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The Brief: July 2, 2012

Repercussions from Mexico's presidential election Sunday may soon begin to ripple north.

Voters line up to cast ballots in Mexico's presidential election Sunday at a voting sight on Popocatepetl street in Mexico City's Colonia Condesa.

The Big Conversation:

Repercussions from Mexico's presidential election Sunday may soon begin to ripple north.

By early Monday morning, the country appeared to have elected Enrique Peña Nieto, a member of the centrist Institutional Revolutionary Party (PRI), as its next president, according to early returns. Peña Nieto, a charismatic former governor of Mexico State, claimed victory over Josefina Vázquez Mota of the ruling National Action Party (PAN) and Andrés Manuel López Obrador of the country's leftist alliance. López Obardor, though, has yet to concede.

Peña Nieto's victory will swing power back to the PRI, which was toppled by the PAN in 2000 after about 70 years of authoritarian rule. Economic woes and deep concerns over the drug-related cartel violence that has claimed 55,000 lives since 2006 appeared to have motivated voters.

So what's it all got to do with Texas? As the Tribune's Julián Aguilar reports, though Peña Nieto has promised to work to reduce the violence plaguing the country, some Texas lawmakers have expressed over the return of the PRI, which has been tied to corruption and collusion with drug cartels.

"In the backdrop of all this is the PRI itself and their history," said U.S. Rep. Michael McCaul, R-Austin. "Traditionally, the PRI has been the party that has played nice with the cartels."

But some analysts have downplayed such concerns."Even if the old PRI returns, it’s not the old Mexico," Tony Garza, a former U.S. ambassador to Mexico, told The Dallas Morning News.

Either way, the atmosphere surrounding the elections represented a step forward for much of the nation. Though a car bomb exploded in Nuevo Laredo on Friday and reports of violent voter intimidation came in from some parts of the country, turnout was about 62 percent, or 49 million votes, which officials called the highest in the country’s history.


  • Thursday's momentous U.S. Supreme Court ruling on federal health care reform continues to reverberate in Texas, where the discussion has turned to what the ruling means for the state's millions of uninsured residents, and whether the state plans to accept billions of dollars to expand its Medicaid rolls. That decision, the Houston Chronicle notes, may fall to Texas legislators in 2013. "I'm not holding my breath," state Rep. Trey Martinez Fischer, D-San Antonio. "It almost seems to me the Republican leaders are still in denial about what happened at the Supreme Court." Lt. Gov. David Dewhurst on Friday came out against the expansion, and Gov. Rick Perry appears unlikely to push lawmakers to accept the money. The governor "has no interest in fast tracking any portion of this bankrupting and overreaching legislation," said Josh Havens, a deputy press secretary for Perry, according to the Chronicle.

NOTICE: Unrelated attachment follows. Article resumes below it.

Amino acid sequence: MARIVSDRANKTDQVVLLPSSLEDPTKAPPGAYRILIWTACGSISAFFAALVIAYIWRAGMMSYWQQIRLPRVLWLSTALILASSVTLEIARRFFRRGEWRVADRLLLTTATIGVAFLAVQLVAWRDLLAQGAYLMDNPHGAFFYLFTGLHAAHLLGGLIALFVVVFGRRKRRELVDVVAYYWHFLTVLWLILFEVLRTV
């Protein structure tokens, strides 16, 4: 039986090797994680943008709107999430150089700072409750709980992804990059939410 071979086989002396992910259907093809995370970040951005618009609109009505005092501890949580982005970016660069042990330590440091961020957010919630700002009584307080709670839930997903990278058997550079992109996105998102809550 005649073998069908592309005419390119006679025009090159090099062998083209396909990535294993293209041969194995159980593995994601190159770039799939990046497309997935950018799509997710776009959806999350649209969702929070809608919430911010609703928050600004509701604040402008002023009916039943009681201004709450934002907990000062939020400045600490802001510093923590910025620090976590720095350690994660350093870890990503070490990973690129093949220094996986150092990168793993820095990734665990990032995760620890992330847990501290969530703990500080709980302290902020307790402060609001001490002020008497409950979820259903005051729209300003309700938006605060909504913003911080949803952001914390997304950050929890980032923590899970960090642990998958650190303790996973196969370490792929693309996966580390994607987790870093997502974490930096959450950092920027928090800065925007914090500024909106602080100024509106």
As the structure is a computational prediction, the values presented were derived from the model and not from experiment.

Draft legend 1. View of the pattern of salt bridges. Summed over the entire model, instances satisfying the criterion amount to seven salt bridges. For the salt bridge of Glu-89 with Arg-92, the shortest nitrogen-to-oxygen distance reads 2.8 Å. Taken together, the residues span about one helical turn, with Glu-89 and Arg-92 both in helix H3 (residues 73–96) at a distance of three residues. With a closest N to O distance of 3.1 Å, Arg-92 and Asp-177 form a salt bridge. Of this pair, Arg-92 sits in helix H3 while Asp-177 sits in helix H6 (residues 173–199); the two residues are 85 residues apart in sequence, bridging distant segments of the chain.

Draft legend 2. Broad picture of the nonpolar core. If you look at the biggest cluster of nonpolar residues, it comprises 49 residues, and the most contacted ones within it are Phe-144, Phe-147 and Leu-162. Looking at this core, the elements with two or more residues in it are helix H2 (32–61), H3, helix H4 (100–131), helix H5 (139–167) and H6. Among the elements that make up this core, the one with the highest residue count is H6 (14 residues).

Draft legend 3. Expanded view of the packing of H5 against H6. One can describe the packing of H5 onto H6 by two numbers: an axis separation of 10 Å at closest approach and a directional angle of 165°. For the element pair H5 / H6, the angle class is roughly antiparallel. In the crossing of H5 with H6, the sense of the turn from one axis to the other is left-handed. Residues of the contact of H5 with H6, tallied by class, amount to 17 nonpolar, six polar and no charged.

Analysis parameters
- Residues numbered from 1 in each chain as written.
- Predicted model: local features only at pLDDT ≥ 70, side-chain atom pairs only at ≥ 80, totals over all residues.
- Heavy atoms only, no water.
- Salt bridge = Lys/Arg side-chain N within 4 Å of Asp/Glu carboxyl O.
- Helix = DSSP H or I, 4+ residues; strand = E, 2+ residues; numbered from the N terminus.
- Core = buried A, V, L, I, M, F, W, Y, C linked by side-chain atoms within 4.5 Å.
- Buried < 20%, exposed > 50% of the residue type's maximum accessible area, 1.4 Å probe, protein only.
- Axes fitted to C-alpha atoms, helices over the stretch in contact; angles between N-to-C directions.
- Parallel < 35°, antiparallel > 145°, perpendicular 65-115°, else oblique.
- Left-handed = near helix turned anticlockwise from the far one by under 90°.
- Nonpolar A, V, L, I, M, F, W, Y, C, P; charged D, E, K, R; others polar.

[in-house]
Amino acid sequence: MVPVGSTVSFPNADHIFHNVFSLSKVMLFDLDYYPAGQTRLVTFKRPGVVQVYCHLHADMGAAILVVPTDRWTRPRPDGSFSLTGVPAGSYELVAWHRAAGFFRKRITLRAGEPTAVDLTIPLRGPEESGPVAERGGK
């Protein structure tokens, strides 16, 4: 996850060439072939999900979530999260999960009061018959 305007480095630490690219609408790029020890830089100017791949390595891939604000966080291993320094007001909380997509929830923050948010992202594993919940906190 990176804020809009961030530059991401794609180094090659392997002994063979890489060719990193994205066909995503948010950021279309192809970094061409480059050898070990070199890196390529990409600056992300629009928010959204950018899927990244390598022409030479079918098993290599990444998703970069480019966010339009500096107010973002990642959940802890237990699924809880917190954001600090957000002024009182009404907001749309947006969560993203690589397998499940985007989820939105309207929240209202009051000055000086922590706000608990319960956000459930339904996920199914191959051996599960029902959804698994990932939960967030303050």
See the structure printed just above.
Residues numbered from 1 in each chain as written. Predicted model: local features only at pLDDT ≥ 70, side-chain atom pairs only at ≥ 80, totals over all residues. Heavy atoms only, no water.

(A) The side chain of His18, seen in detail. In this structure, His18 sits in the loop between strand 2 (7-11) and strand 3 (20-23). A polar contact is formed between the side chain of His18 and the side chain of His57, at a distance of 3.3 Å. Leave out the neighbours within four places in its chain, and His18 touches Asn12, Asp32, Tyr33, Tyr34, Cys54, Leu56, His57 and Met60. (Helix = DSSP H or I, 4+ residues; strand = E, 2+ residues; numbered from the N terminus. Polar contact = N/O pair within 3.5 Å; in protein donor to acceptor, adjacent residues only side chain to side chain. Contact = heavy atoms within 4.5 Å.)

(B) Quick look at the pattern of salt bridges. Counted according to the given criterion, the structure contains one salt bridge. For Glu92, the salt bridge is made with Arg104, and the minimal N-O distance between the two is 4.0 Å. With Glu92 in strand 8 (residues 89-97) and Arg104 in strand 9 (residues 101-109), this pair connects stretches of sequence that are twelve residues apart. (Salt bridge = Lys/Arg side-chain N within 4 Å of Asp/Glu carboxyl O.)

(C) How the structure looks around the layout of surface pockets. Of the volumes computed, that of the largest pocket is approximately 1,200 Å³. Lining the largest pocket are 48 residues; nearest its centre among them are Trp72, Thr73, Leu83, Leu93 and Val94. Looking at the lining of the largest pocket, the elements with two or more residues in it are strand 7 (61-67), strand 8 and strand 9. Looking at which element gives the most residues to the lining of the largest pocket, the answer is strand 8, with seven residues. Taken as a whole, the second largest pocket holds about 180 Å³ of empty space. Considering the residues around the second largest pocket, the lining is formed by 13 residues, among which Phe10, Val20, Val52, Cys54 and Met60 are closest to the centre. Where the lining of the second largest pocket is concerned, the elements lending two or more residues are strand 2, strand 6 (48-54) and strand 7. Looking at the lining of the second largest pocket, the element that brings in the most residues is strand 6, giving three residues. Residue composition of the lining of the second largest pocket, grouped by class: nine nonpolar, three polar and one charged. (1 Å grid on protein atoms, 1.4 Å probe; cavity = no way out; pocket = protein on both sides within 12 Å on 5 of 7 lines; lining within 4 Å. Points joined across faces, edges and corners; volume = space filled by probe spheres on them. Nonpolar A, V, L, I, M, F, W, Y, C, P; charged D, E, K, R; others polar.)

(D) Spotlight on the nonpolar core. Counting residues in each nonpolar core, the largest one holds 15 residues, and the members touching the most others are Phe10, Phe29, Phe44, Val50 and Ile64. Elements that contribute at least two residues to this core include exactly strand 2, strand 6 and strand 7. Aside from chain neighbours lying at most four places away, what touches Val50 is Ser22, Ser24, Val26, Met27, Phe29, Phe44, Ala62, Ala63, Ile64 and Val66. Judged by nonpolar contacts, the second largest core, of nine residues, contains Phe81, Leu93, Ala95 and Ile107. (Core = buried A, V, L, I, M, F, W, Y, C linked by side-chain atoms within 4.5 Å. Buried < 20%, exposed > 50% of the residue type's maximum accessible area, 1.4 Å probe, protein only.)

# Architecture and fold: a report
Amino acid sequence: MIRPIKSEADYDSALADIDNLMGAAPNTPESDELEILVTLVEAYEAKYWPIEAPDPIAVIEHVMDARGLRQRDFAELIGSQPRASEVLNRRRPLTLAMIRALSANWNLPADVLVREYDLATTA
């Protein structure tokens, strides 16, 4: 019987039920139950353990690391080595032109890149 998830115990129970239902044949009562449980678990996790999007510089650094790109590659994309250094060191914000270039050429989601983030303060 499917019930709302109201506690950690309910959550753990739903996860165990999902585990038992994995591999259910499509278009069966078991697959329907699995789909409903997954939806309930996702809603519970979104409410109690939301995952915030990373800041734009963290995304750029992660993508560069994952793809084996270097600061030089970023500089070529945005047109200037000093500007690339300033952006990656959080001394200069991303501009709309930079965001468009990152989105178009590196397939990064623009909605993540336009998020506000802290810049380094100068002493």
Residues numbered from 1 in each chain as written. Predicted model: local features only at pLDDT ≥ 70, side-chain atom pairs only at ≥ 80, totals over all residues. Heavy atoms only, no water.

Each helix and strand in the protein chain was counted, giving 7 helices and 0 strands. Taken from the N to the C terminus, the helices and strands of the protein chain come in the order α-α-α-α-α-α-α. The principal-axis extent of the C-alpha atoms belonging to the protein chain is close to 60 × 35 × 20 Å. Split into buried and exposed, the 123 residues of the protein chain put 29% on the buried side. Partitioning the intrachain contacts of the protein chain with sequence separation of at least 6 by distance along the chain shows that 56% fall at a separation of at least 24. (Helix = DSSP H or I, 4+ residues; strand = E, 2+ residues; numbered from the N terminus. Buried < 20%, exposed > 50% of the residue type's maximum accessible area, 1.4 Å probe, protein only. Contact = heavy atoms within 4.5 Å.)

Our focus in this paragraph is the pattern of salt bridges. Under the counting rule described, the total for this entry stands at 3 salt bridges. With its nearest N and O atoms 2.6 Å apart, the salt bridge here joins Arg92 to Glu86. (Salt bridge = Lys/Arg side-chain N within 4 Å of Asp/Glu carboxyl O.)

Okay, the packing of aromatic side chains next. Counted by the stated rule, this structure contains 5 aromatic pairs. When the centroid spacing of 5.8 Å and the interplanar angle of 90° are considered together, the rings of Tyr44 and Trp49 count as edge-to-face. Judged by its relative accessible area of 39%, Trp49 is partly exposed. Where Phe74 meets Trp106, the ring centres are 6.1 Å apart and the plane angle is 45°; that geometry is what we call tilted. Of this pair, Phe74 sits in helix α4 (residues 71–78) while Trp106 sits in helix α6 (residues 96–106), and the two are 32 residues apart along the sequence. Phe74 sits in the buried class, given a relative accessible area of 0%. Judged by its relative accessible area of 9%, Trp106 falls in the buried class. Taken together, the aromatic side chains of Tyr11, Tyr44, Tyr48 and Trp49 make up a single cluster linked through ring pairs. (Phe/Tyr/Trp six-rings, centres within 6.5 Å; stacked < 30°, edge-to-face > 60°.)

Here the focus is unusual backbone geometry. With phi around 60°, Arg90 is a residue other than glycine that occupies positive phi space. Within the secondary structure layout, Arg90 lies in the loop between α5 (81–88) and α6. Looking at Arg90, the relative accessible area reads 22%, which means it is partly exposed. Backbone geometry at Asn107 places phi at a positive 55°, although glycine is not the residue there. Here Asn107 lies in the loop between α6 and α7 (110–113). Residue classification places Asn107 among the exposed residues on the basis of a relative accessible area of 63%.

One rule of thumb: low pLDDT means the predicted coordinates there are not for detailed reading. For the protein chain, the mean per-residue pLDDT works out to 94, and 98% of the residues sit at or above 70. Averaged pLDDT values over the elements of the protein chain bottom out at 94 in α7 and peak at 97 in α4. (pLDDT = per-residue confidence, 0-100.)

• U.S. Senate candidate Ted Cruz has incurred the ire of some state lawmakers upset with his attacks on Lt. Gov. David Dewhurst's legislative record, the San Antonio Express-News reports. "The way he's approached this, he's cast aspersions on all of us who are Republicans in the Legislature. I feel as if he's attacked my record," said state Sen. Tommy Williams, R-The Woodlands, a Dewhurst supporter.
  • The U.S. Senate race isn't the only statewide runoff race inciting some heated campaign back-and-forth. In the Republican runoff for a spot on the state's Railroad Commission, Warren Chisum has called on opponent Christi Craddick to release a resume laying out her work experience that qualifies her for the job, as The Dallas Morning News reports. Craddick's campaign has rejected the demand, instead pointing to a biography on her website. "Part of the reason he’s going after her on experience is because he’s older, and so of course he has much more experience than her," said Craddick consultant Corbin Casteel. Chisum campaign manager John McCord shot back: "Prove it. Christi continues to dodge the question and attempt to use rhetoric to fill the void of her experience."

"Unfortunately, that's part of campaigning these days. You just start throwing stuff around like that. I don't think his arguments hold water." — State Sen. Jeff Wentworth, R-San Antonio, to the San Antonio Express-News on Ted Cruz


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